Skip to main content

Takahashi to Lead New Japan Post Women's Corporate Team

http://headlines.yahoo.co.jp/hl?a=20131001-00000000-spnavi-spo

translated by Brett Larner

The Japan Post Group held a press conference Oct. 1 in Tokyo to formally launch its new women's distance running team.  Masahiko Takahashi, who helped train Sydney Olympics women's marathon gold medalist and former world record holder Naoko Takahashi and two-time Olympic marathon medalist Yuko Arimori, was named to the team's leadership position along with the announcement of an initial lineup of five female athletes headed by 2013 World University Games 10000 m gold medalist Ayuko Suzuki (Nagoya Univ.).

Scheduled to get underway at the start of the new fiscal year on April 1, 2014, the women's distance team is the first fully sports-oriented team that the Japan Post Group has sponsored since its founding.  The strong and deep parallel between the postal service's mission of faithfully delivering letters and the ekiden's ideal of passing on the tasuki to those yet to come was the precipitating factor in the decision to sponsor the team.  The new team's goals are both to win the National Corporate Women's Ekiden Championships and to develop athletes competitive at the international level, with an eye to both the 2020 Tokyo Olympics and the 150th anniversary of the postal service's founding.  With only five athletes the team is not yet ekiden-ready, but the team management's goal is to have a fully-operational squad of twelve women within three years.

With a record of success training world-class athletes, head coach Takahashi spoke of his goals, commenting, "This will be my first time working to develop young athletes.  It's important to help already-established athletes to refine what they are doing, but in terms of the potential to see how much someone can change and progress, [the chance to work with young athletes] is incredibly exciting and worthwhile."

Attending the press conference as a special guest, noted sports journalist Akemi Masuda interviewed the team's athletes.  Asked why she chose the Japan Post Group team from among the countless corporate league teams eager to sign her, Suzuki said, "I really wanted to be part of a team that was starting from zero, and to help build it together with Coach Takahashi."  Of her personal goals she said with confidence, "To begin with, I want to become as strong as I can on the track over 5000 m and 10000 m."

Comments

TokyoRacer said…
Terrific reason. You've got to love the Japanese....

I don't recall the US Postal service, when they sponsored the cycling team, saying anything about fast bike riding symbolizing fast mail delivery.

Most-Read This Week

Weekend Overseas Japanese Results

Lost in the luminosity of Eliud Kipchoge's world record and Gladys Cherono's women's course record at the Berlin Marathon were a score of Japanese results there and elsewhere overseas, ranging from the sparkling to the dull. Cherono and 2nd and 3rd placers Ruti Aga and Tirunesh Dibaba all broke Mizuki Noguchi's Berlin Marathon course record of 2:19:12 which has stood since she set that national record mark in 2005.

A kilometer behind Dibaba, Mizuki Matsuda (Daihatsu) followed up her 2:22:44 debut in Osaka in January with a 2:22:23 PB for 5th, making her just the fourth Japanese woman ever to break 2:23 twice in her career. 2:23:46 woman Honami Maeda (Tenmaya) ran 2:25:23 for 7th, beating Tenmaya teammate Rei Ohara whose 2:27:28 put her only 10th but qualified her for the 2020 Tokyo Olympics marathon trials, only the second athlete after 2018 Boston Marathon winner Yuki Kawauchi (Saitama Pref. Gov't) to qualify for the trials under the two-race average wildcard opt…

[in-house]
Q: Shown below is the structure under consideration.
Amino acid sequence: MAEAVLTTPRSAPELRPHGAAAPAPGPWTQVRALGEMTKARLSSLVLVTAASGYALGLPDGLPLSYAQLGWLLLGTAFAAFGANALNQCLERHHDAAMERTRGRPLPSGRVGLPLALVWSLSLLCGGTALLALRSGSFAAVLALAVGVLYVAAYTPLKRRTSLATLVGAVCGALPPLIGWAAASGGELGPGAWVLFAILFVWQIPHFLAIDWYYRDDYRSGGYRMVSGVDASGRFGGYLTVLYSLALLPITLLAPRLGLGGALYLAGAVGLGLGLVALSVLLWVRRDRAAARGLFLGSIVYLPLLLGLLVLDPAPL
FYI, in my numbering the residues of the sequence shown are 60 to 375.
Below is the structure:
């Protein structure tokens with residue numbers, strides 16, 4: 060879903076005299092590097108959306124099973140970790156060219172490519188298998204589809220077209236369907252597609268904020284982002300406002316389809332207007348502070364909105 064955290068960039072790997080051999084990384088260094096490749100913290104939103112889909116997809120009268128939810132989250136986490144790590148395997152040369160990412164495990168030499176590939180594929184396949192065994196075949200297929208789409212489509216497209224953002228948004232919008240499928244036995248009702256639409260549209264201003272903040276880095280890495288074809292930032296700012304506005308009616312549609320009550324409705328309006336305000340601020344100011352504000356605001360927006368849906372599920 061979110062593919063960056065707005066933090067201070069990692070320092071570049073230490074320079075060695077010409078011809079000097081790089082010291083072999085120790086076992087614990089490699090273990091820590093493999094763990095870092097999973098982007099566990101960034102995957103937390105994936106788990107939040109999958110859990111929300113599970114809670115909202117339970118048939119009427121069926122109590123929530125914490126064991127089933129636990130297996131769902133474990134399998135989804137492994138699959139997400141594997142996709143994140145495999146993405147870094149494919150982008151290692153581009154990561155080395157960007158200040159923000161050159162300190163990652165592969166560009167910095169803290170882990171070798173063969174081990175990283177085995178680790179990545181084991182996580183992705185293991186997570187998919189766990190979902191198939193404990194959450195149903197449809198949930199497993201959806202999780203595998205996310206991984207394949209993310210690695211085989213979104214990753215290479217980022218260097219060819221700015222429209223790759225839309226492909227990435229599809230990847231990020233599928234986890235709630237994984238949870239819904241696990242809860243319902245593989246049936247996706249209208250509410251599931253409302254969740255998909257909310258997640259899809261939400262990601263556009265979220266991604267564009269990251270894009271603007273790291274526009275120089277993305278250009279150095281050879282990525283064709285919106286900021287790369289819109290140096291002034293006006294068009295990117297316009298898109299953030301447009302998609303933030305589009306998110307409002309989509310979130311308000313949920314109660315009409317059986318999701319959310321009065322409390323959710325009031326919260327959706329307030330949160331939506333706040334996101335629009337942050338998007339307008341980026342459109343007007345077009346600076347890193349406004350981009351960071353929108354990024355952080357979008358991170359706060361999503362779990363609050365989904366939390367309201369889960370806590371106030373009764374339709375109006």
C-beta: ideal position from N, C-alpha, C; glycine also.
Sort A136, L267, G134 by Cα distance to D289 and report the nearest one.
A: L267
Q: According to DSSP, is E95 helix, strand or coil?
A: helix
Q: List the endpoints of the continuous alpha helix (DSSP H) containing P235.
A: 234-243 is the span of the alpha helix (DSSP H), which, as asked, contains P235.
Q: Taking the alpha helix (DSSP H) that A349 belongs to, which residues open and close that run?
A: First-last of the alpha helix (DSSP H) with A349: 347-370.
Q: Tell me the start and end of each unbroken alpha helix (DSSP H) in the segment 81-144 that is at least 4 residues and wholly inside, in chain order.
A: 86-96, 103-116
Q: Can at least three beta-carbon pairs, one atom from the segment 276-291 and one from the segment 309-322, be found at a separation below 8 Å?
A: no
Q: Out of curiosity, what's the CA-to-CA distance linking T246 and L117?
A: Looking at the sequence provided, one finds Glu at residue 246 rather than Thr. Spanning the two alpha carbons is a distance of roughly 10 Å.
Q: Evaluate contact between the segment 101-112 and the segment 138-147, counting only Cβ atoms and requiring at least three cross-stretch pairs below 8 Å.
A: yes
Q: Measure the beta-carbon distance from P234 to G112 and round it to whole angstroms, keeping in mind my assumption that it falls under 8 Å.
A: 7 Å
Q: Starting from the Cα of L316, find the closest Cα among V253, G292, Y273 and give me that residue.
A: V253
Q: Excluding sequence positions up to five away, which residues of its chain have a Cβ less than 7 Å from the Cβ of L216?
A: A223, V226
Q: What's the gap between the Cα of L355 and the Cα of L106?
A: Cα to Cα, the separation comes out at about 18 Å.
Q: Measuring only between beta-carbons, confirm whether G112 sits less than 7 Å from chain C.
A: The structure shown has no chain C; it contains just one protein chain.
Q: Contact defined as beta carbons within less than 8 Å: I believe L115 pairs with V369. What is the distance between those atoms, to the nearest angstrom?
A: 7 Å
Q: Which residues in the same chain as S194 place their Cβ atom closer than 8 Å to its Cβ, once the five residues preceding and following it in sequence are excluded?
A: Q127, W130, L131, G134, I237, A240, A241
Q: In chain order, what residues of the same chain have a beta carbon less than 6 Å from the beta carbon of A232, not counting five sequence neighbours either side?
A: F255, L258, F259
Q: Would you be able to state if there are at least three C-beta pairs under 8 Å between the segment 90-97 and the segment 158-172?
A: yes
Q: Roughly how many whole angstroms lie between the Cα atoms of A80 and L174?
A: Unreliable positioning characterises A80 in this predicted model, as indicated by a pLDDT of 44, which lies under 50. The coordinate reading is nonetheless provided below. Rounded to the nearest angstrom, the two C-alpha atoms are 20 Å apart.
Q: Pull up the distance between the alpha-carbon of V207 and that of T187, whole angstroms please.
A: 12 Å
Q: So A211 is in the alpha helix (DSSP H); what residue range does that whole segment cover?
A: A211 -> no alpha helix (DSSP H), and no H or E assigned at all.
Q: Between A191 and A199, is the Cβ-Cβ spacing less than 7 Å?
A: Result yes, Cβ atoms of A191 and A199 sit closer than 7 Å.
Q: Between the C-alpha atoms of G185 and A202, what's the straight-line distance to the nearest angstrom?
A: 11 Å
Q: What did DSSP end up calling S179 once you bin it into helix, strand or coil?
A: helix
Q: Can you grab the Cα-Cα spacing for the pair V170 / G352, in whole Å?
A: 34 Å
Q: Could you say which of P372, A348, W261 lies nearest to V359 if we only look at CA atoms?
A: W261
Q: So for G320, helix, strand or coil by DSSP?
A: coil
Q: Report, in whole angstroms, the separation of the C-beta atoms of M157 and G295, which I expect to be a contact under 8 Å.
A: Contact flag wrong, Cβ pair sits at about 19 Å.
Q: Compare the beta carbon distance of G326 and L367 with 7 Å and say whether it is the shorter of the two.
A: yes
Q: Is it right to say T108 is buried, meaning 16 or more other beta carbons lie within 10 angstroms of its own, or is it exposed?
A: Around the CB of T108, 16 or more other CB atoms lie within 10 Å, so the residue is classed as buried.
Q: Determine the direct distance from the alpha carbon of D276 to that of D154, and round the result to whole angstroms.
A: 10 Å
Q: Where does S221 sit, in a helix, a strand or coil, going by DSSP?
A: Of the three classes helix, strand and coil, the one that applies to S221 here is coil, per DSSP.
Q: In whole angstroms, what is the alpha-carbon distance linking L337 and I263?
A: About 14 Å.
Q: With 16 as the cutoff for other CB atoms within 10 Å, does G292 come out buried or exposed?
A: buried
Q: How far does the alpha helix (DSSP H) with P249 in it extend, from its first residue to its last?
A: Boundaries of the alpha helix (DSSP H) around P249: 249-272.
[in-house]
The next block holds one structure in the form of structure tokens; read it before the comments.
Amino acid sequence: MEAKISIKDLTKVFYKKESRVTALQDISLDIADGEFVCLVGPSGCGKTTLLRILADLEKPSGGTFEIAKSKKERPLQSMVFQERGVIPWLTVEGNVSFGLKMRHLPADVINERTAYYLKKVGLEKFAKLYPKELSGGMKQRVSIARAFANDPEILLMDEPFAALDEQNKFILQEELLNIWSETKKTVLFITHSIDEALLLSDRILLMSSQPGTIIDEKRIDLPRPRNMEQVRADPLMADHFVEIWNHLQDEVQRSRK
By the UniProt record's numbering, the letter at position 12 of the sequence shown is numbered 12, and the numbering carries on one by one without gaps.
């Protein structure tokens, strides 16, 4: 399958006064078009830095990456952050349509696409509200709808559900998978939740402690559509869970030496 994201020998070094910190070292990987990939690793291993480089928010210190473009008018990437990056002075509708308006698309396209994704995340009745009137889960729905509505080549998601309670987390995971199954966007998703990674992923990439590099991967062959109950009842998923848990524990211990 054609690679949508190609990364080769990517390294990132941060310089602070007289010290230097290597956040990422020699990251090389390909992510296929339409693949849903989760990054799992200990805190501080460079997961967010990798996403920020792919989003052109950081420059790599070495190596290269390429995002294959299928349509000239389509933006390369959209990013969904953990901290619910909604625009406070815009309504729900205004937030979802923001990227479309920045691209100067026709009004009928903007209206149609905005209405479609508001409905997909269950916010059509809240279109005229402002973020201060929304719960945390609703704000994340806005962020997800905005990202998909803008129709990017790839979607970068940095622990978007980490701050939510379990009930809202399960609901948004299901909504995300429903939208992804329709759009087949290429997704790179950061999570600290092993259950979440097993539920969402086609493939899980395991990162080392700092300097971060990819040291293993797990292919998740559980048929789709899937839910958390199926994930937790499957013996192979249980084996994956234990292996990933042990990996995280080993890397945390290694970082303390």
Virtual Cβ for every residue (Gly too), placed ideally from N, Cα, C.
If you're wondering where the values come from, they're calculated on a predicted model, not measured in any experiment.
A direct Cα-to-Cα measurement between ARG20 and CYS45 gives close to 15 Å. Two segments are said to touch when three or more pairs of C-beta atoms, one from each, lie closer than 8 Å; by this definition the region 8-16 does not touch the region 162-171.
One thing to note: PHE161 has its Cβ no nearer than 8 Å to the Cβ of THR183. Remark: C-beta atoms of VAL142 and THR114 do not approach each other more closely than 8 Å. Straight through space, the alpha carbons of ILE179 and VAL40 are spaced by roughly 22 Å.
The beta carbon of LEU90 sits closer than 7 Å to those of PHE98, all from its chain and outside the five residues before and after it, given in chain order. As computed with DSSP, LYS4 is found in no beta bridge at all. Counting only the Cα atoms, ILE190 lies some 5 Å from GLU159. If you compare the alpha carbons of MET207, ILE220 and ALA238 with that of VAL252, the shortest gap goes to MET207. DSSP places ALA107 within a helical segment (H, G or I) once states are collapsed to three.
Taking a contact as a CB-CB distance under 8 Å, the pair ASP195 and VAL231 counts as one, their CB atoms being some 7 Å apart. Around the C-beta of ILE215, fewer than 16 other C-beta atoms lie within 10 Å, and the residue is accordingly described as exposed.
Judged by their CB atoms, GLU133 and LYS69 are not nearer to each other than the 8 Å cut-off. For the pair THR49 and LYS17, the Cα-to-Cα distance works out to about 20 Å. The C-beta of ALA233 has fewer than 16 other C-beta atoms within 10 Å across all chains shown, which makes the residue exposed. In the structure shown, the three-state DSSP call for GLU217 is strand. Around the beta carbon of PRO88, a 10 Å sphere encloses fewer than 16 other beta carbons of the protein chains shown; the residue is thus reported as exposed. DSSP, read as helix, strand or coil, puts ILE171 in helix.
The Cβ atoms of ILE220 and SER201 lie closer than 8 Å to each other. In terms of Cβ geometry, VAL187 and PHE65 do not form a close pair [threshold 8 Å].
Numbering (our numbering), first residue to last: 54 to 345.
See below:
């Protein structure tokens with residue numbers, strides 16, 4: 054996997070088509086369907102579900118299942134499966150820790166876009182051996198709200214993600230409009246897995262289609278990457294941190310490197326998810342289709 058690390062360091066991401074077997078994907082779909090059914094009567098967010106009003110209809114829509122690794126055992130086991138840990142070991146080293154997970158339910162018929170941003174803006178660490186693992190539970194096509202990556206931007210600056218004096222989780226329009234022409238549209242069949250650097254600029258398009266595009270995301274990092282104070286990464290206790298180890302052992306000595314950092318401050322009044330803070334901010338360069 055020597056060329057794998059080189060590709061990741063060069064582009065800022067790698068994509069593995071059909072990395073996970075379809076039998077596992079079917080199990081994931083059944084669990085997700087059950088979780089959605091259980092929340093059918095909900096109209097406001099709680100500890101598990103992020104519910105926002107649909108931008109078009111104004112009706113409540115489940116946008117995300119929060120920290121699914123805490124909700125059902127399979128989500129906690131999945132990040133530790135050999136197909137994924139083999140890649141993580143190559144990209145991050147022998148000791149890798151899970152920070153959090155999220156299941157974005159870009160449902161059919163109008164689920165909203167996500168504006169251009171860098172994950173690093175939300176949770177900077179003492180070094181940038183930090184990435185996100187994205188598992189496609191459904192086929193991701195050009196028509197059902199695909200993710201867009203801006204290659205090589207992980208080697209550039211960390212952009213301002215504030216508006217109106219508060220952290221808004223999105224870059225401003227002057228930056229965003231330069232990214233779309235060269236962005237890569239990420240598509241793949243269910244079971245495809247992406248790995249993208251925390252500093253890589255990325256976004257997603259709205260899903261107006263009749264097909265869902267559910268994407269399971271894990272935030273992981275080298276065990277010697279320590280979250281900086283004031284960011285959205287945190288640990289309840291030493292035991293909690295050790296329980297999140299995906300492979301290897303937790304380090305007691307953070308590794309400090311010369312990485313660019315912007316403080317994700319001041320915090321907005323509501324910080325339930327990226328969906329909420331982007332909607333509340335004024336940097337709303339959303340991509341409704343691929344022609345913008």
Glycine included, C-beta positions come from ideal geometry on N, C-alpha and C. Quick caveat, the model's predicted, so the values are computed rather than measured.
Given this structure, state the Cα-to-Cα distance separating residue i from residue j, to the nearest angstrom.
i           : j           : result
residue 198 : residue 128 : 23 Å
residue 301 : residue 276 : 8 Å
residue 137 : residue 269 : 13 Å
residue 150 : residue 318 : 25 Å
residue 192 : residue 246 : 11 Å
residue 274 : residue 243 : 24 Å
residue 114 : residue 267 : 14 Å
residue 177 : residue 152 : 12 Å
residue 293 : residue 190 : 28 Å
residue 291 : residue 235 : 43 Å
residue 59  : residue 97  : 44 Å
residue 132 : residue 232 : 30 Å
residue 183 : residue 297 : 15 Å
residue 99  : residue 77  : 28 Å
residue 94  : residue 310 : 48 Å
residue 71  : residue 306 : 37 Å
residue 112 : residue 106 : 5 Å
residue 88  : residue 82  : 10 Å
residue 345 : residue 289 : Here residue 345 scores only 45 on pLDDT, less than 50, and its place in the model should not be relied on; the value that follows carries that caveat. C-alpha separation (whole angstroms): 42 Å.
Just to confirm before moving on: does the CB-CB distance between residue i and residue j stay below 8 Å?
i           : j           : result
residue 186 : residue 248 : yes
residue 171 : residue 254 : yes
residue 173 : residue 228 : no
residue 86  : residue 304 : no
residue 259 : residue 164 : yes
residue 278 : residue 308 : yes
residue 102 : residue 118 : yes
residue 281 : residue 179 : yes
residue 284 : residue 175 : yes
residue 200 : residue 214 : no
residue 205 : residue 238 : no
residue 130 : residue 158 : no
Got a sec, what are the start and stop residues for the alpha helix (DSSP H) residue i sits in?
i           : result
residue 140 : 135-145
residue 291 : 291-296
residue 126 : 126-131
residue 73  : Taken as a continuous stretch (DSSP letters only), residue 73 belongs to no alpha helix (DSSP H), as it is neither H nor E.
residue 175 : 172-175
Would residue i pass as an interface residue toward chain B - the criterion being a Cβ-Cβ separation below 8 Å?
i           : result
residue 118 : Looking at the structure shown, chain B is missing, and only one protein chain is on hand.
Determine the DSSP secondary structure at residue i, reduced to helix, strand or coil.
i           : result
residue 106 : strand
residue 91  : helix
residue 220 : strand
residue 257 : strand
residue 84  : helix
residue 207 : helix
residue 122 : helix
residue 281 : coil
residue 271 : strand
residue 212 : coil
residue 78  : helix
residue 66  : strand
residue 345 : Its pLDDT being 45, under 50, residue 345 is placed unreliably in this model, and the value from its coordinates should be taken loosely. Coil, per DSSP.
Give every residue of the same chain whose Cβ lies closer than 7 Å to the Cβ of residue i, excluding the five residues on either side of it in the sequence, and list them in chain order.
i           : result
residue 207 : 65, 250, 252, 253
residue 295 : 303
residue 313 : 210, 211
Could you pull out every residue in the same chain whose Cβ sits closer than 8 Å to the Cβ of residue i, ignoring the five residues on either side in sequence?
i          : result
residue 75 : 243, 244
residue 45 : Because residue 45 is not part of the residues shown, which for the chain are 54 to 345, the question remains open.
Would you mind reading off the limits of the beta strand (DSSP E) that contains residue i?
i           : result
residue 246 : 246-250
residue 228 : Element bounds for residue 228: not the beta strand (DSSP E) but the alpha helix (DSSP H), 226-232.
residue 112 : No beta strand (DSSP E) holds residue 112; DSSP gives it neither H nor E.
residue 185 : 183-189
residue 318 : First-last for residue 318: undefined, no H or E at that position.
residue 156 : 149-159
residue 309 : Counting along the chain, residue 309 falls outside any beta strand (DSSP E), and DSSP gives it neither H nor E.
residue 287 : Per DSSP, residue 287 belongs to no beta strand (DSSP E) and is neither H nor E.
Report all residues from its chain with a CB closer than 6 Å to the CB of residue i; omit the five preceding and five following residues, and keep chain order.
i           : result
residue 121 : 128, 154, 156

Nittai University Head Coach Masaaki Watanabe Fired Over Abuse Scandal

On Sept. 12 Nittai University announced that it will fire ekiden team head coach Masaaki Watanabe, 55, over the current power harassment scandal surrounding him. According to the university's public relations office, interviews by the alumni association with five current and one former team member reported multiple acts of violence by Watanabe including kicking athletes' legs and grabbing them by the chest.

The interviews also reported that Watanabe verbally abused and threatened student athletes and attacked their character. When runners fell off pace during workouts he was reported to have shouted, "Get the hell out of this university!" and, following the runners in a car, "I am going to f*cking run you over and kill you." Injured team members were also reported to have been subject to verbal humiliation by Watanabe, including, "Look at this f*cking cripple," and "You f*cking deserve it." Watanabe admitted the accusations but said tha…

Kazami Breaks 100 km World Record at Lake Saroma

Running on the same course where Japan's Takahiro Sunada set the road 100 km world record of 6:13:33 twenty years ago, 2:17:23 marathoner Nao Kazamibested a deep and competitive field to win the Lake Saroma 100 km Ultramarathon in a world record 6:09:14.

Part of a front group of at least five that went through the marathon split in 2:33:36, on pace for 6:04:01, Kazami lost touch with the lead as rivals Koji Hayasaka and Takehiko Gyoba surged just before halfway to open a roughly 30 second lead that lasted until nearly 75 km. But in the last quarter of the race Kazami, a graduate of Hakone Ekiden powerhouse Komazawa University, was the only one who could sustain anything close to the early pace, overtaking Hayasaka and Gyoba before pulling away to open a lead of over 11 minutes. Kazami's mark took more than 4 minutes off the world record, and he also bettered the 100 km track world record of 6:10:20 set in 1978 well before he was born by the late Don Ritchie.
Trying to stay wi…